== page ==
As someone who’s 5’10, has a quickly receding hairline, is fairly toned but without abs, and lacks muscles, it’s very easy to just not feel good enough. I know I’m in good shape, in good health, and I know I’ve made incredible progress over the last few years (see the picture below), but it never feels like enough. Another problem for men is that the “perfect” male image seems to combine being lean and slim but with bulk too, and that’s just ridiculously impossible.

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Spotting the Signs

Depression can turn days, weeks, and even months into a blur as it races by. It can meddle with thoughts, increase anxiety, and trivialise the most complex of feelings. When this is the case, how are we to tell when things have got worse? How am I meant to clearly sense a drop in mood and an increase in depression? After a while, there are some individual signs you can learn to look out for, but at times even these can be hard to sense and pick up on.

One key sign can be times or places, or even particular events that can be catalysts for a drop in mood. Once you become aware of these, it means you can sense them coming, and even plan to combat them. Around these times you can implement more of your personal self-care activities and make sure you are taking care of yourself. More common now are self-care plans, and it can be a very good idea to set up individual plans for these events, times, and places. Know what the issues are, and then know the steps you can take to help to lessen the effects.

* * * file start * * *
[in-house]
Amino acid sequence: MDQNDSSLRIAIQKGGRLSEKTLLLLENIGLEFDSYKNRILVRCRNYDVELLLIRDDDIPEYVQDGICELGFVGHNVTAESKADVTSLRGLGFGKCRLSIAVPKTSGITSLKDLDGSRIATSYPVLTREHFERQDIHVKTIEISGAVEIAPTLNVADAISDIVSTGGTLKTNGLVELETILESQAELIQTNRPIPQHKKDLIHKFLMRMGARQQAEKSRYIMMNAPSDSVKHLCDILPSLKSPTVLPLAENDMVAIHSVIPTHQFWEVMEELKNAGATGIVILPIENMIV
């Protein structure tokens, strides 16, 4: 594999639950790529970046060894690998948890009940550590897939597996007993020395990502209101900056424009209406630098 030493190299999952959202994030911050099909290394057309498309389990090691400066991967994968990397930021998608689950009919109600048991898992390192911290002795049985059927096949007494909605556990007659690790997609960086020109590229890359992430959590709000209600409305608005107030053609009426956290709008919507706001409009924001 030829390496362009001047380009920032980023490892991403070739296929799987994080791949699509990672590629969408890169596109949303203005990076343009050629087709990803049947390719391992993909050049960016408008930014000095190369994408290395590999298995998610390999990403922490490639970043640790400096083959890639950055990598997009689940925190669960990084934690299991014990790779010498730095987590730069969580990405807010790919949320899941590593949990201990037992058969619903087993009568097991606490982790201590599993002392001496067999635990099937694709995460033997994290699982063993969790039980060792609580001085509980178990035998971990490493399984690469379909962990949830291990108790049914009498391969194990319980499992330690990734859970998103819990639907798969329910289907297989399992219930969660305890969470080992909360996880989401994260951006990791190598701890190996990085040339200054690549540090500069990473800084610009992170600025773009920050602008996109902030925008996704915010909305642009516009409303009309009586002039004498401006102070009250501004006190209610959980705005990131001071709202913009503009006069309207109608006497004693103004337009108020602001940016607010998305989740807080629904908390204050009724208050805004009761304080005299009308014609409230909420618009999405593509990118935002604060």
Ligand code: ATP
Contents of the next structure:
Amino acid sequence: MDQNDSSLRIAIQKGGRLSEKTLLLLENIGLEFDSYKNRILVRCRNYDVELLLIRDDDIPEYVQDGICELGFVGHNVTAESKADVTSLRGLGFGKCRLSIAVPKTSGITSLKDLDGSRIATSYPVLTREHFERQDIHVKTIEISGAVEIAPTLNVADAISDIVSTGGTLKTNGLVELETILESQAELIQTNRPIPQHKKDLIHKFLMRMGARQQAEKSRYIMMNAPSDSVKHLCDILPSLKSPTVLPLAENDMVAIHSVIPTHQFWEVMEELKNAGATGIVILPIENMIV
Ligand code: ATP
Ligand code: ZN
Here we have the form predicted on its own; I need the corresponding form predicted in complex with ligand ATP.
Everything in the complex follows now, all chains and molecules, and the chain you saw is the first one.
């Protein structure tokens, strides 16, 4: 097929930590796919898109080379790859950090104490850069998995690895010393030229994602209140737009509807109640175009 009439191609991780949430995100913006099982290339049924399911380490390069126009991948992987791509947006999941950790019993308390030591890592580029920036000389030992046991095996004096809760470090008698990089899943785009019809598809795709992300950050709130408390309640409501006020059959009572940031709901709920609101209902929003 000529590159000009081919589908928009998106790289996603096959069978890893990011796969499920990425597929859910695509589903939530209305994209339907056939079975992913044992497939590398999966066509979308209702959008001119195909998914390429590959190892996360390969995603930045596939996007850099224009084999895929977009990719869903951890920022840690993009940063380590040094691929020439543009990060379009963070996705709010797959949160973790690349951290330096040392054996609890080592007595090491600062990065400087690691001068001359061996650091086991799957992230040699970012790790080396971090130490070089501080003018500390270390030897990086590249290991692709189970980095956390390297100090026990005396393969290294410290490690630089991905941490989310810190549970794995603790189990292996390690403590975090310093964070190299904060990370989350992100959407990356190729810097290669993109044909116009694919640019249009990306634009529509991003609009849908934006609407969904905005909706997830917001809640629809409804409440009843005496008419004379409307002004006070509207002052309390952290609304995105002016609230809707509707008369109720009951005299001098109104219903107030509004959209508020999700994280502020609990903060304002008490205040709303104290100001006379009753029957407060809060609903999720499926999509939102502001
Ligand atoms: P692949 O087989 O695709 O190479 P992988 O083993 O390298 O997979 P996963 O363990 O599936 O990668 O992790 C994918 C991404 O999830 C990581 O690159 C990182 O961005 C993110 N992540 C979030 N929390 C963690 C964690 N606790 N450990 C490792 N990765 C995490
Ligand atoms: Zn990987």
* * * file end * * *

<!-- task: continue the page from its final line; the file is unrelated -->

These events and times can also change as you get older and life moves on. Throughout University, I actually felt that summer was an incredibly tough time for me, as I used to struggle with suddenly not having too much to do. As I’ve previously mentioned, I’m someone that likes to be incredibly productive and work on various projects, so in those summers where I had nothing to do, it was quite common for me to feel quite lost; I needed something to work on. In the winter when things got tough, projects and University was a great way for me to keep busy and self-care.